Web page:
·A clarification that the Level 3 measurement uncertainty disclosure should communicate information about the uncertainty at the balance sheet date

 

The following public company disclosure requirements are new:

 

·The changes in unrealized gains and losses for the period included in other comprehensive income for recurring Level 3 instruments held at the balance sheet date
·The range and weighted average of significant unobservable inputs used for Level 3 measurements. For certain unobservable inputs, an option to disclose other quantitative information in place of the weighted average is available to the extent that it would be a more reasonable and rational method to reflect the distribution of unobservable inputs.

 

The ASU is effective for all entities in fiscal years beginning after December 15, 2019 and interim periods within those fiscal years. Early adoption is permitted. In addition, an entity may early adopt any of the removed or modified disclosures immediately and delay adoption of the new disclosures until the effective date. The Company has chosen this early adoption option. The Company does not expect the adoption of the new disclosure requirements of ASU 2018-13 to have a material impact on its consolidated financial statements.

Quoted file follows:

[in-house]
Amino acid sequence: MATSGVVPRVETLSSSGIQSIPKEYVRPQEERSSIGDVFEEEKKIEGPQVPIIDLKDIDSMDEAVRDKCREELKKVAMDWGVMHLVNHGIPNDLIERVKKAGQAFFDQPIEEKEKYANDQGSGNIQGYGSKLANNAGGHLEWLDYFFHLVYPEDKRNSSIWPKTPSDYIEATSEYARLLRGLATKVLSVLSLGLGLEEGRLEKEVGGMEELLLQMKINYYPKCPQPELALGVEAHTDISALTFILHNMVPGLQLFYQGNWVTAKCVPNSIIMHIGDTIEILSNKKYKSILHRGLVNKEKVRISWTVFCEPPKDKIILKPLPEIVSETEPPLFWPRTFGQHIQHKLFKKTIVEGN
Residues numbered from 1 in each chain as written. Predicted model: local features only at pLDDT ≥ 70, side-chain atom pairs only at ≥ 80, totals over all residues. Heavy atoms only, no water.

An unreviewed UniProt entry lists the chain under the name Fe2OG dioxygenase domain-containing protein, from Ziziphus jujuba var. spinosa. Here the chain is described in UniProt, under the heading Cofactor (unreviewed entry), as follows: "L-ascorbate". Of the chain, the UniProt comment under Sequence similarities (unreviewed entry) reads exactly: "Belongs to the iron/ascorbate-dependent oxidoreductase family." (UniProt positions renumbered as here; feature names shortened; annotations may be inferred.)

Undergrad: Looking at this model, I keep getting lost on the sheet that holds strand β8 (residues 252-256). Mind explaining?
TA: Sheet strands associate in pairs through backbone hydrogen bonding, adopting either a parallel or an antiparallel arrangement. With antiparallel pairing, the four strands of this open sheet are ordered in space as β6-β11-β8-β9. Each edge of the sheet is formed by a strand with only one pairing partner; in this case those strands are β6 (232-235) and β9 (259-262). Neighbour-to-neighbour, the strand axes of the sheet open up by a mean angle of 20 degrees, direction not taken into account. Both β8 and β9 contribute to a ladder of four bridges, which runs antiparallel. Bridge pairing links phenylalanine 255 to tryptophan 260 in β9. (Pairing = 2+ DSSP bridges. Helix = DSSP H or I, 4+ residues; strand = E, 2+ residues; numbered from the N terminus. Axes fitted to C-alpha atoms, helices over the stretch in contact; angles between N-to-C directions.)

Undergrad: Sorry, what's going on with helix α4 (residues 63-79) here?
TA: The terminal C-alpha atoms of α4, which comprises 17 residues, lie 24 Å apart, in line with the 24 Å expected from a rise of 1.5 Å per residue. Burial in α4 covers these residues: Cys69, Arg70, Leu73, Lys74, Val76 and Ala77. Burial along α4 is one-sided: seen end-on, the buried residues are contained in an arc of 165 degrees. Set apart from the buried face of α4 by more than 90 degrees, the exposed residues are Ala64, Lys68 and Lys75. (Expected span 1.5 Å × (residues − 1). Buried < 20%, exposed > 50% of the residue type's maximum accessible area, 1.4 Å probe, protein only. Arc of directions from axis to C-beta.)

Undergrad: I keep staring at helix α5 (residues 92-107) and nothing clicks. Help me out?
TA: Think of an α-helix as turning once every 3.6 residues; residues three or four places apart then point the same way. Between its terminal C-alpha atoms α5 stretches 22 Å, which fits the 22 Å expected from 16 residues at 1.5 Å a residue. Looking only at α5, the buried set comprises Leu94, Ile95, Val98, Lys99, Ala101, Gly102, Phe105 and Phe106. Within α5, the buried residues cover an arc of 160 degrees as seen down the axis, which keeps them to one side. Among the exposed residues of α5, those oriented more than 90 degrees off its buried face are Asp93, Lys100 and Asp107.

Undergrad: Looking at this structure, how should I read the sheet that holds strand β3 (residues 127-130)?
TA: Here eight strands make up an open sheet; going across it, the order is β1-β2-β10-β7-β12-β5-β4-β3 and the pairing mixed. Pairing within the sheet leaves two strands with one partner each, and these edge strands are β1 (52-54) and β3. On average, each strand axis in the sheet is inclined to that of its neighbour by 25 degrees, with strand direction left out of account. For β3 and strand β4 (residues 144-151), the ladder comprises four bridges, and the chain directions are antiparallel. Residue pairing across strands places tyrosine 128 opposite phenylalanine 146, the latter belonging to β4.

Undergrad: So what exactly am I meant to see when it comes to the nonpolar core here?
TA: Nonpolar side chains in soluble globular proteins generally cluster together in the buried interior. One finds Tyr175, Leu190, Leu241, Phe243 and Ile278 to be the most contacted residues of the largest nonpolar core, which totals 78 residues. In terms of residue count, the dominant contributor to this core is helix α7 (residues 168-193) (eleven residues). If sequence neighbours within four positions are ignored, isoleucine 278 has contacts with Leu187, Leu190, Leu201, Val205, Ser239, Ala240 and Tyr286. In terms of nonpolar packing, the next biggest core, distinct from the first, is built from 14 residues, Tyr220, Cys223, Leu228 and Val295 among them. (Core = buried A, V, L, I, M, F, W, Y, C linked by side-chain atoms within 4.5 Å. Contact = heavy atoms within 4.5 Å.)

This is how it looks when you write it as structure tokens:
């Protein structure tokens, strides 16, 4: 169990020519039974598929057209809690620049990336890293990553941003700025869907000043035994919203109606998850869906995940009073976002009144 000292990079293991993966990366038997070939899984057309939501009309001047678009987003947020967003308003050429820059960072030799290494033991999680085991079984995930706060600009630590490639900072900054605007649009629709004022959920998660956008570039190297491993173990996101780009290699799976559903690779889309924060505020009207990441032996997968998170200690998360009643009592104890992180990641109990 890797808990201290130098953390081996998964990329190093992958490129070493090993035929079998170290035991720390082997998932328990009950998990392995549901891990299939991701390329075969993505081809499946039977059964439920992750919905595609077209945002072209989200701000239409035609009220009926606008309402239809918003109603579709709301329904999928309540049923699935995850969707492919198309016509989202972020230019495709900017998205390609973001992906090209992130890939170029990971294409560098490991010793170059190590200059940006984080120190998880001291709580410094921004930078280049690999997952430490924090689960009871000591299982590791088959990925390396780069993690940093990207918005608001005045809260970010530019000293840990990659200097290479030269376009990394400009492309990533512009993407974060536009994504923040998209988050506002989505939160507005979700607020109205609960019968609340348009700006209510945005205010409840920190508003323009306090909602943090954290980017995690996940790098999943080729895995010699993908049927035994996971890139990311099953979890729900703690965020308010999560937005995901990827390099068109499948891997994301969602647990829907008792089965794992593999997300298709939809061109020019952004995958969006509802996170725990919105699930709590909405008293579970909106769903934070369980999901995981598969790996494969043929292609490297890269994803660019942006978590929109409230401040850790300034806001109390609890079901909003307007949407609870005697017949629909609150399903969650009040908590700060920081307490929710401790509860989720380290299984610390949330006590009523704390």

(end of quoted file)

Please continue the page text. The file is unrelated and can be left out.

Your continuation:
Also in August 2018, the FASB issued ASU 2018-14, Compensation—Retirement Benefits—Defined Benefit Plans—General (Topic 715-20): Disclosure Framework—Changes to the Disclosure Requirements for Defined Benefit Plan. This ASU modifies the disclosure requirements for employers that sponsor defined benefit pension or other postretirement plans by eliminating the requirement to disclose the amounts in accumulated other comprehensive income expected to be recognized as components of net periodic benefit cost over the next fiscal year and adding a requirement to disclose an explanation of the reasons for significant gains and losses related to changes in the benefit obligation for the period. The ASU is effective for fiscal years ending after December 15, 2020. Early adoption is permitted. The Company does not expect the adoption of ASU 2018-14 to have a material impact on its consolidated financial statements.